Since the beginning of June, so that’s seven weeks now,  our 600 chickens have flourished without any store bought feed.  Instead they dine on the leftovers and prep scraps from local restaurants,  day old bread from the bakery, outdated produce and meat from grocery stores, and spent barley grain from breweries.  Besides this daily fresh food, our chickens have an orchard pasture for bug hunting, and compost pile they can scratch through for probiotic rich treasures.

Buckets and buckets of throw-away food that feeds our chickens.

Main point – we’re thrilled to be recycling food waste and turning it into premium eggs.  Beyond creating great eggs, we’re now helping reduce impacts on our planet.

Deeper point – here’s some perspective on land and food.

How much land would it take to grow grain for our flock? A chicken needs about 1/3 of a pound of feed per day.  For our flock of 600 chickens, that’s 200 pounds of feed per day.  Or, thinking about a single chicken, she eats about 120 pounds of feed per year.

A typical acre of wheat produces about 60 bushels or 3600 pounds per year…so…it takes an acre of wheat to feed 30 chickens.   Our local wheat farmer friend would need to grow 20 acres of wheat each year just to feed our 600 chickens.

So that’s 20 acres of wheat that get freed up for another use.

How many people would 20 acres of wheat feed?  Assuming a person needs 2000 calories a day, it turns out that an acre of wheat feeds about 7.5 people.   Those 20 acres of wheat that we’re not feeding to our 600 chickens — those 20 acres could feed 150 people.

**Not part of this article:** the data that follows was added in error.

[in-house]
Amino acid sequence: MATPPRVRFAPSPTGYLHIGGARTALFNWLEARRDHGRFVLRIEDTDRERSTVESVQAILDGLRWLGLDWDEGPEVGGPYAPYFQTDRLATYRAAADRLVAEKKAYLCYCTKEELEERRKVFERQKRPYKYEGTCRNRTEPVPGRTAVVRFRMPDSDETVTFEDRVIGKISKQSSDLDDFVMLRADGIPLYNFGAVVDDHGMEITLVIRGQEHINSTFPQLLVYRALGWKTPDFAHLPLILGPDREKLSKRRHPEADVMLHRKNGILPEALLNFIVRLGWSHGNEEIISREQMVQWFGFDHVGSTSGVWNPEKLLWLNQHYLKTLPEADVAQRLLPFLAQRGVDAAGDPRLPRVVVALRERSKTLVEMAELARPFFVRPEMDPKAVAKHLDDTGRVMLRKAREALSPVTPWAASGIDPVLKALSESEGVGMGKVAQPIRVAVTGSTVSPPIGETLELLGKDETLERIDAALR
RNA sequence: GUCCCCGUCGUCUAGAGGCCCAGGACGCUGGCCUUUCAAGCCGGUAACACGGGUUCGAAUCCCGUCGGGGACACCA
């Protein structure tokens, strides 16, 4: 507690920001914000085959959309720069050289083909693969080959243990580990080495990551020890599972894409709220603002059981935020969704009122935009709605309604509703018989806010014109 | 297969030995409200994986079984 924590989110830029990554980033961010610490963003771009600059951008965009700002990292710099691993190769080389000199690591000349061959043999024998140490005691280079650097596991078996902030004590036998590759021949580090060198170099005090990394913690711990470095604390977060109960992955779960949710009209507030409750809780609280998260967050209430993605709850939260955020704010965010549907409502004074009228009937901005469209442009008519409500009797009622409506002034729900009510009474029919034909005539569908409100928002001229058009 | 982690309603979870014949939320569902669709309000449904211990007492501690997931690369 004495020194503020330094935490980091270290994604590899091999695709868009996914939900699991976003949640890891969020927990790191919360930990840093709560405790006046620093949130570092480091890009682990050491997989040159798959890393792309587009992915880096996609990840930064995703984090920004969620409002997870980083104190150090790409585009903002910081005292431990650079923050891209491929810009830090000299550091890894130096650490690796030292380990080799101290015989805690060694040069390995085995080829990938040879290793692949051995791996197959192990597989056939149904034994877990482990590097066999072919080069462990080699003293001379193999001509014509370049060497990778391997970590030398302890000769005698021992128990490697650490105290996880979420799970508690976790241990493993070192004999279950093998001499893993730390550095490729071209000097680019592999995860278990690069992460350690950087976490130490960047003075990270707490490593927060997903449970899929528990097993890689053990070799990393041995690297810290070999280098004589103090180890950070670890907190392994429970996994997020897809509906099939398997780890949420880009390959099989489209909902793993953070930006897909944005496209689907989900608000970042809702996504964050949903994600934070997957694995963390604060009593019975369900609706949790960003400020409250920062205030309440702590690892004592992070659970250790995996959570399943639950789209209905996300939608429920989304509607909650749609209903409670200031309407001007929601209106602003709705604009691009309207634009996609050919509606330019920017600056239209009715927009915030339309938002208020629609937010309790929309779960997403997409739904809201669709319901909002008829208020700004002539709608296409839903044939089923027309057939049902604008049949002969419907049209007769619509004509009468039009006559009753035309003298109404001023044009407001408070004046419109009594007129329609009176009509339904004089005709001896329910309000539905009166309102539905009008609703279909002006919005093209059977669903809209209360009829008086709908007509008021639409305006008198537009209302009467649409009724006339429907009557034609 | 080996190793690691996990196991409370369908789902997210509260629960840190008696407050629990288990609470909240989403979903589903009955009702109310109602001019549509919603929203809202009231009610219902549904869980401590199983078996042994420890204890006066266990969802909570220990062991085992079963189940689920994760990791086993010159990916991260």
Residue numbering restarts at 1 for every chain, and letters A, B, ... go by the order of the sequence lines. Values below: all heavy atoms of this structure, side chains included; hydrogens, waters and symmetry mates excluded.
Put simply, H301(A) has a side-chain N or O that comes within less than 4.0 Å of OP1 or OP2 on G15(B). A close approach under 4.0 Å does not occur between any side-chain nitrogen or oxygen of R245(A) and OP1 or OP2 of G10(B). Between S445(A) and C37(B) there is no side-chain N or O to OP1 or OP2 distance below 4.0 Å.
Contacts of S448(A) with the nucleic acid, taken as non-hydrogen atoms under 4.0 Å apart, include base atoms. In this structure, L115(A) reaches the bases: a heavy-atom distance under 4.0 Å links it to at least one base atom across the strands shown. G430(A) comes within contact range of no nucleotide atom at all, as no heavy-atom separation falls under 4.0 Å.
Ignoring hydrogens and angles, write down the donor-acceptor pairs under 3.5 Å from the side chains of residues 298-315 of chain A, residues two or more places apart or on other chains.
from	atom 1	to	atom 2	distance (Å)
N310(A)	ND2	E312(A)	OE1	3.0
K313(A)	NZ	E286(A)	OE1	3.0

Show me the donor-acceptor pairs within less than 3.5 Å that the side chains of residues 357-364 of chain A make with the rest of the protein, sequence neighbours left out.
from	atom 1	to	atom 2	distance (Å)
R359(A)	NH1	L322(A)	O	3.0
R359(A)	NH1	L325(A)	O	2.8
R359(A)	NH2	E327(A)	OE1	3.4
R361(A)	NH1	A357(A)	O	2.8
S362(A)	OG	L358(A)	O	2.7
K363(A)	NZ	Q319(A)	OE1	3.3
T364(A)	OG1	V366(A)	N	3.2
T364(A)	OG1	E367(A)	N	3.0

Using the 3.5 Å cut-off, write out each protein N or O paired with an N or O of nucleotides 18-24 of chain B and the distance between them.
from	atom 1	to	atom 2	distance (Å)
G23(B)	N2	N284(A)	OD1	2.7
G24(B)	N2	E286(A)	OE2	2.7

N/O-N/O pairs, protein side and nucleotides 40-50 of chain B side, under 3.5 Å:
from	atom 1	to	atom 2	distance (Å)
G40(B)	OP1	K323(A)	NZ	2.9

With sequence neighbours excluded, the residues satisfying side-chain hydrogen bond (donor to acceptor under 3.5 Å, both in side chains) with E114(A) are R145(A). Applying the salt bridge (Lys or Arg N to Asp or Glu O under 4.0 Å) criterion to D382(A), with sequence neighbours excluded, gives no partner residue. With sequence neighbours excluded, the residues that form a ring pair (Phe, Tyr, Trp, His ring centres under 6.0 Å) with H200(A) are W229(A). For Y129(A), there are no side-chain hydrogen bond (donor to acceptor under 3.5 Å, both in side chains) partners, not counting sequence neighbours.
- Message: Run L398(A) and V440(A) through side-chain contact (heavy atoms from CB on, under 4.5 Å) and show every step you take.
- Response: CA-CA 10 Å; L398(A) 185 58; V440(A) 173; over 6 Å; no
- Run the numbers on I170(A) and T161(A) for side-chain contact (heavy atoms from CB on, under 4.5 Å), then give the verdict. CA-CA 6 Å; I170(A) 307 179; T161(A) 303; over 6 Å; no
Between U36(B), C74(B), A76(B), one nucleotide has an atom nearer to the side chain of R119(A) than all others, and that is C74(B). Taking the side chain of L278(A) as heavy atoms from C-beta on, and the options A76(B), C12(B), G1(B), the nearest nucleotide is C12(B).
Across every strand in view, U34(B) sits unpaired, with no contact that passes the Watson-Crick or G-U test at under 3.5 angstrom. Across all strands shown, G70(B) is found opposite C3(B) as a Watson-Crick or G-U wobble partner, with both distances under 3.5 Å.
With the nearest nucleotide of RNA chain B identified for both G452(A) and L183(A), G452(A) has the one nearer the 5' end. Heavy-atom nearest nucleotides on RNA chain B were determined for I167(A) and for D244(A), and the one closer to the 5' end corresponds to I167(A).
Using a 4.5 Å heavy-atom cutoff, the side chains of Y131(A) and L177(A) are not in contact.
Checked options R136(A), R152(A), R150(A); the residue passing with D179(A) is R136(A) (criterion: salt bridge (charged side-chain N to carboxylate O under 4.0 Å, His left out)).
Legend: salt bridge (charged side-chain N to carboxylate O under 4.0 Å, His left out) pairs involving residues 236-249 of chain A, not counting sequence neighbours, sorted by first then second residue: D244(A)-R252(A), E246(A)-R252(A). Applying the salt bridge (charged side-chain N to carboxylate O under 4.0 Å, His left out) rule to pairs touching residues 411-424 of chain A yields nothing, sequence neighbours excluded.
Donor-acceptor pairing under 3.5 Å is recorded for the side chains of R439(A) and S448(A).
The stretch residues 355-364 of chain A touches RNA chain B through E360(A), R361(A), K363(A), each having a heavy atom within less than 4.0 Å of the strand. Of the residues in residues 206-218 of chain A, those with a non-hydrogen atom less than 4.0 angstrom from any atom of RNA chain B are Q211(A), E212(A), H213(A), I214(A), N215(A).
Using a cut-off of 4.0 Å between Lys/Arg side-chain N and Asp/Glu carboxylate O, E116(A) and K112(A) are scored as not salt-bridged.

Our daily food run, plus weekly brewery run provides the farmland equivalent of feeding 150 people each day.  And that doesn’t even count our eggs.  Figuring a 2/3rds lay rate, that’s about 400 eggs per day or 40,000 calories created each day in these eggs.  At 2,000 calories per day, those eggs provide the calorie requirements for another 20 people, or a total of 170 people per day.  And the vast majority comes from throw away food that we’re saving from the dump.

We’re early in this game of raising chickens and selling eggs, but this bit of research has deepened our appreciation for the benefit of food scrap hens.. We’ve always liked the idea of using food wastes for feed, but I had no idea how great the impact could be – freeing up food for 150 people in out world.

We’ll keep you posted,

Lars and Anne